Funny, since my last post here two years ago, I have tried dozens of different picks, mostly in context of acoustic guitars. I eventually tried the very expensive and somewhat controversial BlueChip picks, and liked them alot on both acoustic and electric guitars.
However, it never occurred to me that they would be excellent for synth guitar tracking. But I have found that ghost notes and glitches are significantly reduced with my BlueChip picks.
It makes sense in the context of this thread, as the picks produce little noise and don't wear appreciably, so the edges are always dressed and generate minimal spurious noise to confuse the pitch-to-MIDI engines.
The picks are available here:http://www.bluechippick.net
I should note that any mention of BlueChip picks generates huge controversy on other guitar boards, mostly because some folks are offended at the audacity of a pick for costing so much. I make no claims about whether they are worth what they cost. I will say they are made from a VERY expensive material used for electronics and medical devices that has exceptional lubrication and wear characteristics (and simultaneously feels glassy smooth but is very grippy). I will also say that I have better VGuitar tracking results using my BlueChip pick than any other.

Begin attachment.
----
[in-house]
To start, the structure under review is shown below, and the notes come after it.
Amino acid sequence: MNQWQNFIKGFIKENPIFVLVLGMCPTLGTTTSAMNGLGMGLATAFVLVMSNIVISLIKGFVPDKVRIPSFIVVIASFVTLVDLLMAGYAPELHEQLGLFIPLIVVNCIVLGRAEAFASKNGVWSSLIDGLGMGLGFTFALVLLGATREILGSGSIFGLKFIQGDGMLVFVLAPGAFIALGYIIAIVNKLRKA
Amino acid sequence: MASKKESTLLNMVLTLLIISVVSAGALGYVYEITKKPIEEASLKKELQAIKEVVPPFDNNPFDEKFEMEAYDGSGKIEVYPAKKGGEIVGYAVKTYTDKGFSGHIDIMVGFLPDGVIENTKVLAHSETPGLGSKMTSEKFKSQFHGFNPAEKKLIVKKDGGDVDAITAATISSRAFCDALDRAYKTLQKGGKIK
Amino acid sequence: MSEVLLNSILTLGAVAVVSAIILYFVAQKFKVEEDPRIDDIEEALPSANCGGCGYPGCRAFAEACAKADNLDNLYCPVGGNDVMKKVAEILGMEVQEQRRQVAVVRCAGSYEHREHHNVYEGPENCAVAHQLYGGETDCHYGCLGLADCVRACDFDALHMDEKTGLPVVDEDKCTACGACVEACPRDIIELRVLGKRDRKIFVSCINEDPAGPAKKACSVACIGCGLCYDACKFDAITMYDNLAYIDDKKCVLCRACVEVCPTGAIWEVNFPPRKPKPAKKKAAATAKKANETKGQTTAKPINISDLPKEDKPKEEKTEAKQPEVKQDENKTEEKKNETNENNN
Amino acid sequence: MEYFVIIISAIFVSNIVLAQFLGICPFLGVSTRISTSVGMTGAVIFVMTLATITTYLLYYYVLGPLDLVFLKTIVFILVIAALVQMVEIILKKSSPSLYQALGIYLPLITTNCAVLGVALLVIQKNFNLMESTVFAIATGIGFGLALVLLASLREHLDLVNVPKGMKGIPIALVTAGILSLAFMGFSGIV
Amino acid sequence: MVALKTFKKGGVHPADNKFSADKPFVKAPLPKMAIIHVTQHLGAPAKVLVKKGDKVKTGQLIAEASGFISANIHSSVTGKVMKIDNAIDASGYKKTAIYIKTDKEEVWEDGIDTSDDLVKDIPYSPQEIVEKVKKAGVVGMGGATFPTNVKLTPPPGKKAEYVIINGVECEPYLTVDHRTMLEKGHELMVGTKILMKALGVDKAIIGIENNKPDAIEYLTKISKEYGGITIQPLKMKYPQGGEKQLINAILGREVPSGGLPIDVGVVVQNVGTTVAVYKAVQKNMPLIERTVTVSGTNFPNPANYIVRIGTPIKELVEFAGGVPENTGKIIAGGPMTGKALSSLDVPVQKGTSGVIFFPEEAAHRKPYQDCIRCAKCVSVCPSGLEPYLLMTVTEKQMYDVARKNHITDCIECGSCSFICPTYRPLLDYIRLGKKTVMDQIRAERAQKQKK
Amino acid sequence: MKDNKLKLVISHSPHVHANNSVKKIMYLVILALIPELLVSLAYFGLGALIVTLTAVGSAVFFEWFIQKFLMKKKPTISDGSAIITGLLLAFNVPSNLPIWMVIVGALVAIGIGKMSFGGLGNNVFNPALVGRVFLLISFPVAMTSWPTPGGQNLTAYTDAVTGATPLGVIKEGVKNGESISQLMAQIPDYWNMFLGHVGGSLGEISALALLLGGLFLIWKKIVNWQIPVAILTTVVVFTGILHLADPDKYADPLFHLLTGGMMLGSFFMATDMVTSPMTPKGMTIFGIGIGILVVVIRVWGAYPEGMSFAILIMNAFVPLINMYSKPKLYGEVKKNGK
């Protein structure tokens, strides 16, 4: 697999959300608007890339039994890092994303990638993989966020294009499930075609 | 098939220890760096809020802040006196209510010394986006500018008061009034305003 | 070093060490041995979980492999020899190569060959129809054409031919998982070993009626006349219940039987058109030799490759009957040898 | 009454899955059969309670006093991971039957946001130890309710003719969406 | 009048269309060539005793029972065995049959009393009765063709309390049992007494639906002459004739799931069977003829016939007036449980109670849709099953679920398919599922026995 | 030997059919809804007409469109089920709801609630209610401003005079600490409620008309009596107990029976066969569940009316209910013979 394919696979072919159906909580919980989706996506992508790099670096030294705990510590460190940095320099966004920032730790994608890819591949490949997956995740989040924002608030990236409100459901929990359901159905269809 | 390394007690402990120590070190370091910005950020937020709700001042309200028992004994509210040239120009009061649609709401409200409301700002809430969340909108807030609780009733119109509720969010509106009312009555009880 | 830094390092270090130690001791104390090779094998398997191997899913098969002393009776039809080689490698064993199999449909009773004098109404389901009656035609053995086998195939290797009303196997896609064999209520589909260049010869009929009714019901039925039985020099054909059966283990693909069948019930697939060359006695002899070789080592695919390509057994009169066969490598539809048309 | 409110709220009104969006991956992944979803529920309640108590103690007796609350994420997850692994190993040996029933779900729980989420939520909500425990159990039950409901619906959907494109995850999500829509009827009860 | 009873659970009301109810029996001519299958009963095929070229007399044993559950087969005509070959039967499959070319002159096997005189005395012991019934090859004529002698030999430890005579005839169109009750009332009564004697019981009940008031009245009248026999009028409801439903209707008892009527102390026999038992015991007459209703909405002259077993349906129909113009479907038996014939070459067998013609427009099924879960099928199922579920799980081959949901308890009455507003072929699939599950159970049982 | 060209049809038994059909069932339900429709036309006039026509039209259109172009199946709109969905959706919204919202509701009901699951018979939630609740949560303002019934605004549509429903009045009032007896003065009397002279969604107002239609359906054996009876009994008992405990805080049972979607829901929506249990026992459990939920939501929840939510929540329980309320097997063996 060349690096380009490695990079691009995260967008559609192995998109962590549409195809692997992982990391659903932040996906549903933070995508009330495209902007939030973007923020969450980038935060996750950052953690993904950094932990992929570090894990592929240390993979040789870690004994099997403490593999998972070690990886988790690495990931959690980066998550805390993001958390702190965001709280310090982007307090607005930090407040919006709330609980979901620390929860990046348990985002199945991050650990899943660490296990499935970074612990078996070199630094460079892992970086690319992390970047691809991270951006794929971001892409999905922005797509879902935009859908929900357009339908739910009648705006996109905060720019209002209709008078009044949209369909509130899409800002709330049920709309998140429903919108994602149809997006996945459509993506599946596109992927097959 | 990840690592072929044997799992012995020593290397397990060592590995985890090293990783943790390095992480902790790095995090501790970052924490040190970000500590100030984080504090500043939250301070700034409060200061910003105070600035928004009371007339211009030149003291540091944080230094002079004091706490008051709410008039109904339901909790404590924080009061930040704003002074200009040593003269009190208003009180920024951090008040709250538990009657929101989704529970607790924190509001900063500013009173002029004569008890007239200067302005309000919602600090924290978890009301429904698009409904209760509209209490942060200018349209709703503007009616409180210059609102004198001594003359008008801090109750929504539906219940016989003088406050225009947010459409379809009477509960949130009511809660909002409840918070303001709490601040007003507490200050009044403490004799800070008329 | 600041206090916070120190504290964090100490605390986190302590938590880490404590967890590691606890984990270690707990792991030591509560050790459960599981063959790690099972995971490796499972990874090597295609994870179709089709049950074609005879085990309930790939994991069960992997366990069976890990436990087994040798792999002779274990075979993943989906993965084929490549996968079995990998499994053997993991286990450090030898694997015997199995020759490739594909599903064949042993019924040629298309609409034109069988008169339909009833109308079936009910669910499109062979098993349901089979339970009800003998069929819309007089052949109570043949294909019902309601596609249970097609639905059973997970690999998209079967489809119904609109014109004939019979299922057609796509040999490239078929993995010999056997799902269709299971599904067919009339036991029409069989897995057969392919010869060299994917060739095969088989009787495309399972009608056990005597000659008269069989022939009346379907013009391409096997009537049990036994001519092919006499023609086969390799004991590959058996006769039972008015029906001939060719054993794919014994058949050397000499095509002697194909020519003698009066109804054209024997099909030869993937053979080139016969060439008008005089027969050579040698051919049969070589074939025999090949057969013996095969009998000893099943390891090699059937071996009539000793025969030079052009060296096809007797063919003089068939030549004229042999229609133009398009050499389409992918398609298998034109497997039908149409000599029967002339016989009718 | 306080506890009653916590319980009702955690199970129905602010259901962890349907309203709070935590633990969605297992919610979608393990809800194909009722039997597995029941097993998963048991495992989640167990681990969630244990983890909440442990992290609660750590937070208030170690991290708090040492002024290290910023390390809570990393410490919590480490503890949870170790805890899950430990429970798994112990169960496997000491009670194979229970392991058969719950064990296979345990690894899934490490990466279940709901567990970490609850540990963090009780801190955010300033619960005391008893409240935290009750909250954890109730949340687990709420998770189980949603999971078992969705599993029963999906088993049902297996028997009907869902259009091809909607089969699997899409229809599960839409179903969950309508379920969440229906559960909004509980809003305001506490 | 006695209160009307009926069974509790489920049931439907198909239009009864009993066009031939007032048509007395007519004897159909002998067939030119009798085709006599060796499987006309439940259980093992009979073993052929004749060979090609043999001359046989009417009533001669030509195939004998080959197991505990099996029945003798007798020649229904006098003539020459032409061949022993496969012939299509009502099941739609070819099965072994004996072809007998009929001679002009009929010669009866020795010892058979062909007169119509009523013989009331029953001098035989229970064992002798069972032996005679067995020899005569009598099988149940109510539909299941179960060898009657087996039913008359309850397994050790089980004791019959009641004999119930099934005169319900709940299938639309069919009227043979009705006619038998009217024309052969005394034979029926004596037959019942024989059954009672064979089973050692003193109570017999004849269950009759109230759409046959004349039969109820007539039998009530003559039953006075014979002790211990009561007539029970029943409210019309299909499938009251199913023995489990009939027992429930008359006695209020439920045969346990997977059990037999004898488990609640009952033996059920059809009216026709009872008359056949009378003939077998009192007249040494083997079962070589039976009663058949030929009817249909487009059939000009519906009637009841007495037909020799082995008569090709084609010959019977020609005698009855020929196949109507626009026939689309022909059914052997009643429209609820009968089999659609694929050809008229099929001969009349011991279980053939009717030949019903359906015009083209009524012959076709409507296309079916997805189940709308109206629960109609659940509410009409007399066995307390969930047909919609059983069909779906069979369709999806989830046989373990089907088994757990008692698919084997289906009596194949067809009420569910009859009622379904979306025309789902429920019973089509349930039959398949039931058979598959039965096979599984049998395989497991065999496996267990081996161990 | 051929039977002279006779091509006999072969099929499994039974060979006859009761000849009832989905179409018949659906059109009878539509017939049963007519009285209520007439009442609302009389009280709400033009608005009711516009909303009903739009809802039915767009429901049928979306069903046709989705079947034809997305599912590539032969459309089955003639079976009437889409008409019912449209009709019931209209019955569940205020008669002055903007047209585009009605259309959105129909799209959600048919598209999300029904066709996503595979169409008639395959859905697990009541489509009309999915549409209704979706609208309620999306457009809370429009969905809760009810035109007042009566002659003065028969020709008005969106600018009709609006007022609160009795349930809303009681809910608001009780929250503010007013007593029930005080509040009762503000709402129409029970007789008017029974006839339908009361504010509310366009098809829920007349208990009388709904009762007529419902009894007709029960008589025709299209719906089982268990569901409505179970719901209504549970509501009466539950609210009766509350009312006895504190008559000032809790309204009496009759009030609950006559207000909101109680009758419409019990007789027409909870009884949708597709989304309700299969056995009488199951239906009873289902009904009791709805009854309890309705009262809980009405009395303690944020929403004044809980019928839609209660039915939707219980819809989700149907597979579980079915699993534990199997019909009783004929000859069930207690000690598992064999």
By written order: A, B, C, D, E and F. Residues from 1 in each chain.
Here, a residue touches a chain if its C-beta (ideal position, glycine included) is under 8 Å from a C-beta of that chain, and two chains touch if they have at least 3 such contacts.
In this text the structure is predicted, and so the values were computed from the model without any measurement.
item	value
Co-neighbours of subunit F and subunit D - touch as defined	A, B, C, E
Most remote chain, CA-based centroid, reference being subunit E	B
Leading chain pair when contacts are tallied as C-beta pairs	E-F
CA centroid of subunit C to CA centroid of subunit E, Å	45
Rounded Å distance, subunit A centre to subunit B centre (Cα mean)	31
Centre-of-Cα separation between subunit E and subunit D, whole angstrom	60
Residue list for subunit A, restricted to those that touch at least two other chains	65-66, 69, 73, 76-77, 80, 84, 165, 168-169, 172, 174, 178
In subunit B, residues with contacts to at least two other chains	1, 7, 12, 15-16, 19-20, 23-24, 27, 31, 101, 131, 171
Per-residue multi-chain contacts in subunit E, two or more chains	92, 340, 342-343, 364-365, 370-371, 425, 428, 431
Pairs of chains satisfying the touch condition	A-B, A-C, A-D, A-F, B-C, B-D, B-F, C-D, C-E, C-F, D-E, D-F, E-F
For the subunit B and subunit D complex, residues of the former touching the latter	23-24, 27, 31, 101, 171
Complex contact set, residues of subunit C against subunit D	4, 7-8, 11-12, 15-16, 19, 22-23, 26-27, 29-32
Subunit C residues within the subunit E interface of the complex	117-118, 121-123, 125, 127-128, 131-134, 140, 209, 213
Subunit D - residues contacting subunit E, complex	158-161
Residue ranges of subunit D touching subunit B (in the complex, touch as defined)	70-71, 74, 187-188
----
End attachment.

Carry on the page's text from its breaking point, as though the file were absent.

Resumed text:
These are not a panacea. If you don't play cleanly already, these picks won't help. But if you play clean, these may help reduce the tracking errors caused by the pick itself. I have been very pleased with the results.
As an aside, I isolated a flaw in my technique on my GR55 by playing with my BlueChip. The glitches were so reduced, that when I heard one I was able to isolate the cause: turns out I sometimes slide the nail of my pick holding finger across the string. I'd noticed a little notch in my fingernail, but never realized when I was doing it. With the BlueChip, since it is so clean otherwise, the GR55 would glitch regularly when my nail slide over the string, but not otherwise. Now that I can hear it, I can correct it.